Wind pollination occurs when the pollen from flowers is transported by the wind. It is also known as anemophily, and it occurs every day to pollinate crops and trees.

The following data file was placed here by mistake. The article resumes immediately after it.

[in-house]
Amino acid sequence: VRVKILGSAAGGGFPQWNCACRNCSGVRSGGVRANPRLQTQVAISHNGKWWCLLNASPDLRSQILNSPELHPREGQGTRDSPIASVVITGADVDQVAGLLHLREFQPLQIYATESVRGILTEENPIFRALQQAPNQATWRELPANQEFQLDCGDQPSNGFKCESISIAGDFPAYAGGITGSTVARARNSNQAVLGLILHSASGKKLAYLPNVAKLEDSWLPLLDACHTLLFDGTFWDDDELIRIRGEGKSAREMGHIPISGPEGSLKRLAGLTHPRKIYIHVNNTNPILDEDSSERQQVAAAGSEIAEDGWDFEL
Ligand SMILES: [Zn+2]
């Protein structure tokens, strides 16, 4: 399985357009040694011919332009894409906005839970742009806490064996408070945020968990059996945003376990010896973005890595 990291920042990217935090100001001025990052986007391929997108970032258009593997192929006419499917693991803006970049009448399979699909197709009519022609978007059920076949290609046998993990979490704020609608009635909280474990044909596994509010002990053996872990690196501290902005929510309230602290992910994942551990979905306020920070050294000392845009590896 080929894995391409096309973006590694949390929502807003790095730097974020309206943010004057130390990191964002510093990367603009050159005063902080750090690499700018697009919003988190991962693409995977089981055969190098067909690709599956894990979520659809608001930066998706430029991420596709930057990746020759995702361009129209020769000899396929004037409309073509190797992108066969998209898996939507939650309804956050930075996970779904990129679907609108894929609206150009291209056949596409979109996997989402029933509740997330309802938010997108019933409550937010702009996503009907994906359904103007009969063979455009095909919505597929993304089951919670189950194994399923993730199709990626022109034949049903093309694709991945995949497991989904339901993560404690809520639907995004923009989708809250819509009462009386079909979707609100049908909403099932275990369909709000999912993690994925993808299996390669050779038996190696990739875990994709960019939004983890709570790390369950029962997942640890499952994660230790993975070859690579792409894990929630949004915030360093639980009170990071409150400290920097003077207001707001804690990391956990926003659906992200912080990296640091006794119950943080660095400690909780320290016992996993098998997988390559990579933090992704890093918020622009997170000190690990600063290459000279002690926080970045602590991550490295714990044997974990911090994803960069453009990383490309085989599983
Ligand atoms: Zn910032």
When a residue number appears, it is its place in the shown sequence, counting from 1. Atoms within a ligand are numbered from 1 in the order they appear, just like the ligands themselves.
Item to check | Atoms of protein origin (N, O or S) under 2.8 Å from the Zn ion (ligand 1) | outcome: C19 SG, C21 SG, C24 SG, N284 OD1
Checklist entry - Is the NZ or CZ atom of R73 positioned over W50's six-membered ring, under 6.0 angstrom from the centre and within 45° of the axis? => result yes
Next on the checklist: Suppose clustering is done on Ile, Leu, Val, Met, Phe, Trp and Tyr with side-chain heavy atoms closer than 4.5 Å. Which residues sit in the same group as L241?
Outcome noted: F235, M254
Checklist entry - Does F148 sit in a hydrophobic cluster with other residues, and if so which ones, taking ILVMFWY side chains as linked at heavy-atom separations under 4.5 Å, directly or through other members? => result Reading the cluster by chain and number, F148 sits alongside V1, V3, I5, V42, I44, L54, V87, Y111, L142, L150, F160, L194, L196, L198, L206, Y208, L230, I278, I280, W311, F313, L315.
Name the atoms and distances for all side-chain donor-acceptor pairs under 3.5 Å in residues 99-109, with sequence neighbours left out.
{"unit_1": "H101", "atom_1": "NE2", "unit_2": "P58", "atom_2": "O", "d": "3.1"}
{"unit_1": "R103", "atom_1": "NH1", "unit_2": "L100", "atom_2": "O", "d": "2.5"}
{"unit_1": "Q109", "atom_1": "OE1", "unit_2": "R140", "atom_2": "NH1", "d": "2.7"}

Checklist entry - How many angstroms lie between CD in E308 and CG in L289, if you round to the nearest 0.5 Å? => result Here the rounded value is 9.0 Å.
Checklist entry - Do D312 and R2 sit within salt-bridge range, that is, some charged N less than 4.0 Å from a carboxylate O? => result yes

Wind pollination pollinates many of the world's crops, such as corn, rye, oats and barley. Wind pollination also pollinates pine trees, spruce trees, firs and many hardwood trees. Wind-pollinated plants are evolutionarily different than insect-pollinated plants. Plants that are pollinated by insects have adapted to grow showy flowers and have enticing scents to lure bees and other insects, whereas plants pollinated by wind do not need showy structures to attract insects.